Characterization of laser-induced acoustic desorption coupled with a Fourier transform ion cyclotron resonance mass spectrometer.
ABSTRACT Several experimental factors have been investigated that influence the efficiency of desorption and subsequent chemical ionization of nonvolatile, thermally labile molecules during laser-induced acoustic desorption/Fourier transform ion cyclotron resonance mass spectrometry (LIAD/FT-ICR) experiments. The experiments were performed by using two specially designed LIAD probes of different outer diameters (1/2 and 7/8 in.) and designs. Several improvements to the design of the "first generation" (1/2 in.) LIAD probe are presented. The larger diameter (7/8 in.) probe provides a larger surface area for desorption than the smaller diameter probe. Further, it was designed to desorb molecules on-axis with the magnetic field of the instrument. This is in contrast to the smaller probe for which desorption occurs 1.3 mm off-axis. This improved alignment, which provides better overlap between the desorbed molecules and trapped reagent ions, results in a substantial increase in the sensitivity of LIAD analyses. The thickness of the sample layer deposited on the irradiated metal foil and the number of laser shots fired on the backside of the foil were found to have a significant effect on the overall signal and the relative abundances of the ions formed in the experiment. Evaporation of a tetrapeptide, Val-Ala-Ala-Phe (VAAF), from Ag, Al, Au, Cu, Fe, and Ti foils, followed by protonation by protonated pyridine, revealed that the titanium foil provides the greatest signal. The importance of the laser power density was examined by desorbing a low MW polymer, polyisobutenyl succinic anhydride, at power densities ranging from 5.40 x 10(8) to 9.00 x 10(8) W/cm(2) at the backside of the foil. Higher laser power densities resulted in greater signals and an improved distribution for the higher molecular weight oligomers.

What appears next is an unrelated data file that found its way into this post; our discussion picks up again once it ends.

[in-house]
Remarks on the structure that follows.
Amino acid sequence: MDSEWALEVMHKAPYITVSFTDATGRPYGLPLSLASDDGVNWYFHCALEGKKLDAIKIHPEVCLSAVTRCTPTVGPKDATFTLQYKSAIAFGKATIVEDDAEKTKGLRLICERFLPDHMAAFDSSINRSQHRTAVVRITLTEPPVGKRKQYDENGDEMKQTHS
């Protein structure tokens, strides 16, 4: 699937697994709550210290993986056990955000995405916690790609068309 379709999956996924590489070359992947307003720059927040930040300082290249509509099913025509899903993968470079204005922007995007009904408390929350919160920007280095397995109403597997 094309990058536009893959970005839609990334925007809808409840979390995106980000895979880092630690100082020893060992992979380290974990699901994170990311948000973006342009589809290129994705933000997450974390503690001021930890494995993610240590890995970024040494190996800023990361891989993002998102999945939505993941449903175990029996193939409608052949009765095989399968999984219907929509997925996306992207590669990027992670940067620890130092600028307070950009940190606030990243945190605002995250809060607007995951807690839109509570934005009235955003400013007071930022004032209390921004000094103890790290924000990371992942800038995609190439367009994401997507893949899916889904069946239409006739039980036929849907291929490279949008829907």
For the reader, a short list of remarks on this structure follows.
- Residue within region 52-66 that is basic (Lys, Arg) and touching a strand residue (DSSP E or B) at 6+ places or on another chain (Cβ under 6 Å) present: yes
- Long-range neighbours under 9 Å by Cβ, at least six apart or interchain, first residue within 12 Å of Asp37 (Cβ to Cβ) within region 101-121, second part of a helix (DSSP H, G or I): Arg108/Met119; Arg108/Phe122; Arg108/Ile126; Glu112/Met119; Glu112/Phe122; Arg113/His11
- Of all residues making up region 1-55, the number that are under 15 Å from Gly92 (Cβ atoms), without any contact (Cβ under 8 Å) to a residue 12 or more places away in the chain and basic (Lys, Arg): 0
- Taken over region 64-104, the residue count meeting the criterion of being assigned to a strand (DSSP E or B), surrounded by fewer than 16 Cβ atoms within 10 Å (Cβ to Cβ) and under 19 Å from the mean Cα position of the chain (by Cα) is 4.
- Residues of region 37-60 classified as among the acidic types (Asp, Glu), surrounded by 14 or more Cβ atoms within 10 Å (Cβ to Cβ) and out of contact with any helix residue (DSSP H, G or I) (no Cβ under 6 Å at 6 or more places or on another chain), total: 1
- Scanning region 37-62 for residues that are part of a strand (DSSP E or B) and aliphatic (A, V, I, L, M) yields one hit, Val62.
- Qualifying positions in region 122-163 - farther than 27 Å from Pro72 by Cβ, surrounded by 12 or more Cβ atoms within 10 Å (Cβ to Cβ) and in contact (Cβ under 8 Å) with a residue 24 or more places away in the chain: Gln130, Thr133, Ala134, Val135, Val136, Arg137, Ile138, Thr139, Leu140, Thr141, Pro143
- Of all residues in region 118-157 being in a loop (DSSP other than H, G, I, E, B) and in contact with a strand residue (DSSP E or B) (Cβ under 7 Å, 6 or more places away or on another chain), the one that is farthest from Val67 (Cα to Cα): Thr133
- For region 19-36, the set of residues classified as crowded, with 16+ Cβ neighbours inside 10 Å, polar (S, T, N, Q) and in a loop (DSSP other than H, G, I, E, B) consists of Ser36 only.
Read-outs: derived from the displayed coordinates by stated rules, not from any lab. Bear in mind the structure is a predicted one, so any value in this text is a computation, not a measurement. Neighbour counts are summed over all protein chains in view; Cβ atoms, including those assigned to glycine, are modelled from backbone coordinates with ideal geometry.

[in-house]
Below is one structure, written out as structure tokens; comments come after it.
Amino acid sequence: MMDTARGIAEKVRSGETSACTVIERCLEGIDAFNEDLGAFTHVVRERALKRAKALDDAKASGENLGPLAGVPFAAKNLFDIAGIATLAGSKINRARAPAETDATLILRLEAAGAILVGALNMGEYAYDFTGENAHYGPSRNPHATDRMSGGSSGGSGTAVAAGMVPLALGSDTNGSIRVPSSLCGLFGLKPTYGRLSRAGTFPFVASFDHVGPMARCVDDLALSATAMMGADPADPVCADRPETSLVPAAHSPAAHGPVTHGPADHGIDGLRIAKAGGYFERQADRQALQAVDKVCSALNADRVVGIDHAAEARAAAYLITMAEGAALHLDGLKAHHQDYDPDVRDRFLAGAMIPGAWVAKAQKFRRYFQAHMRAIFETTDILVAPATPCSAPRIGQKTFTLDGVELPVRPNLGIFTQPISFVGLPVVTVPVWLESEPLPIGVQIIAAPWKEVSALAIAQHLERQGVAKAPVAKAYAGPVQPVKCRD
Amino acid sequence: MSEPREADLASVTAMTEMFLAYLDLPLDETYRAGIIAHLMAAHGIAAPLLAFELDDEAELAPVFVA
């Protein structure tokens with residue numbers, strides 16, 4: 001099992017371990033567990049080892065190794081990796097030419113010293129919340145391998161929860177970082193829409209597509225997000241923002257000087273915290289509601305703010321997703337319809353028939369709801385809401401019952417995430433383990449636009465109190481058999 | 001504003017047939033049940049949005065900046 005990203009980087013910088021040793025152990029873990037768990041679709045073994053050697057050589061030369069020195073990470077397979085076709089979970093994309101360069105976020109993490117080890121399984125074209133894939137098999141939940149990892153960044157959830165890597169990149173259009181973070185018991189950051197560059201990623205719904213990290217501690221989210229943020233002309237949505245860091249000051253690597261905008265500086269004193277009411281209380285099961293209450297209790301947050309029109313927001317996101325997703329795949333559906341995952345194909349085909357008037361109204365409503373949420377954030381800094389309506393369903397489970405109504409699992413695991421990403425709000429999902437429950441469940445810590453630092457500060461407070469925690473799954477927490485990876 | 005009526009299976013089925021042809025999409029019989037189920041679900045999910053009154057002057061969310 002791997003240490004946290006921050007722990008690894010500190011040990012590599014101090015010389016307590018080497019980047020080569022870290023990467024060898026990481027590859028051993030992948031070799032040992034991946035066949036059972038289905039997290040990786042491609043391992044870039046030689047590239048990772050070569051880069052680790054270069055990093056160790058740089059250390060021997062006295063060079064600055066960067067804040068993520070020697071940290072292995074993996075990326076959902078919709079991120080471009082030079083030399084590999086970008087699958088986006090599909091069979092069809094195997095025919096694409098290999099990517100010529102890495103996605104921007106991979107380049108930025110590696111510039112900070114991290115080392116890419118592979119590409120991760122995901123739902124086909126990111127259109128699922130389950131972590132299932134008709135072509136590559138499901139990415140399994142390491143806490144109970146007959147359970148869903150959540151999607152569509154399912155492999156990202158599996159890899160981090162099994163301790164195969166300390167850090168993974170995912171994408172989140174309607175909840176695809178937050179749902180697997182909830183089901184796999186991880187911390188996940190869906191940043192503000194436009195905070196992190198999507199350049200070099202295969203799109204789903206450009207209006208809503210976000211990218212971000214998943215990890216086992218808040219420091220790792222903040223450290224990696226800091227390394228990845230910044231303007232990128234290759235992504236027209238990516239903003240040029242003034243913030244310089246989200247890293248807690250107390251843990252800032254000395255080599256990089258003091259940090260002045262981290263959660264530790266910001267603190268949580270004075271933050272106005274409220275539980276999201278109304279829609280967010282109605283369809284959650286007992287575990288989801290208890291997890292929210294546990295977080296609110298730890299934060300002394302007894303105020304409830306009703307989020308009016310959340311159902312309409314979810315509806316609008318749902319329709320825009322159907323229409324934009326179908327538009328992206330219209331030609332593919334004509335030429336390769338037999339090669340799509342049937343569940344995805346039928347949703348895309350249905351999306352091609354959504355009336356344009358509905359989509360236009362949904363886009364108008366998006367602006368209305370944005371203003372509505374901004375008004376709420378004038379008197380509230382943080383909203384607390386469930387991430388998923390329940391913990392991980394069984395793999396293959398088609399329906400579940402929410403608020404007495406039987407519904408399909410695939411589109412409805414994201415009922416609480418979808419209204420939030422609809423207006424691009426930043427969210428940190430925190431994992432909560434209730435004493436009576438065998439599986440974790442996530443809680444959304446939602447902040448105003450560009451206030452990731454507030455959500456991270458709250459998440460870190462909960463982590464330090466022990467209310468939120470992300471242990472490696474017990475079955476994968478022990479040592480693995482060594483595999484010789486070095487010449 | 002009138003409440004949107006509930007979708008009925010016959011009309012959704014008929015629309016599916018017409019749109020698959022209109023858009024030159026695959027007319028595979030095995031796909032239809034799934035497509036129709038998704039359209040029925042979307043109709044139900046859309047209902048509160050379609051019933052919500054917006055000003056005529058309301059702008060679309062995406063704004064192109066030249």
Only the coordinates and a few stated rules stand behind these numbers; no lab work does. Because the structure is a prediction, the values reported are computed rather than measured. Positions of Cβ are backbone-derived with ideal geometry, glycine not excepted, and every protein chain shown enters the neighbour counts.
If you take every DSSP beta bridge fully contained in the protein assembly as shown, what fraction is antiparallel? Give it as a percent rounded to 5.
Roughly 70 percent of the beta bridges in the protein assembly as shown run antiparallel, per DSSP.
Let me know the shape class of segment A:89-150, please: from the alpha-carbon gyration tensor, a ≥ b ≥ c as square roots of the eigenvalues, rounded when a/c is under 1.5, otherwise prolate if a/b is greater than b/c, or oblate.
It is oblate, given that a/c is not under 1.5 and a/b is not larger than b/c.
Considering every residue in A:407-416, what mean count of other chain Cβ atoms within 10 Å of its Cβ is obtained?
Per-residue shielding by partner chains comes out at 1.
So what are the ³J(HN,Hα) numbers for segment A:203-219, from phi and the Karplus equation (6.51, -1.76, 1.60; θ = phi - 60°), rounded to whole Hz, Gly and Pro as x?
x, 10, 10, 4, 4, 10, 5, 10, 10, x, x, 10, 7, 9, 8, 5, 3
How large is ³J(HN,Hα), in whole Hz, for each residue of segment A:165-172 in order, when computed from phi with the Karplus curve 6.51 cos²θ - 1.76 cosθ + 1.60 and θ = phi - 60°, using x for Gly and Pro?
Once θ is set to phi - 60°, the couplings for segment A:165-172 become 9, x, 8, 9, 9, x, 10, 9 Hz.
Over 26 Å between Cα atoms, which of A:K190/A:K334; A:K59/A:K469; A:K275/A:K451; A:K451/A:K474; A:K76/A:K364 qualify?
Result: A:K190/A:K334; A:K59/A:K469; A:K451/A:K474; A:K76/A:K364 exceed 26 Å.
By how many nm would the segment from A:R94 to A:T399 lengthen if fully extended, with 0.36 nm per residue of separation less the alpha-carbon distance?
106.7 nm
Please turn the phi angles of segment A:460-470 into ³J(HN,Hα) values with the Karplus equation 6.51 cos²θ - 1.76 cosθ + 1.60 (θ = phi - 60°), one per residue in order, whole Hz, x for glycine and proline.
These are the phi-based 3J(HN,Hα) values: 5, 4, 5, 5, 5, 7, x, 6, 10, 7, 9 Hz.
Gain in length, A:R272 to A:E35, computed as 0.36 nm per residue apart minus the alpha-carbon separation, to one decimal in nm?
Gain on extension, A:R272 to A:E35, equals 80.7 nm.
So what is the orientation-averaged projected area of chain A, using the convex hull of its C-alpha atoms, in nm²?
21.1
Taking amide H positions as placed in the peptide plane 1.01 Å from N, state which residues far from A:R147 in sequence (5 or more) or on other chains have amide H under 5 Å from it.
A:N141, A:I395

Christopher J Petzold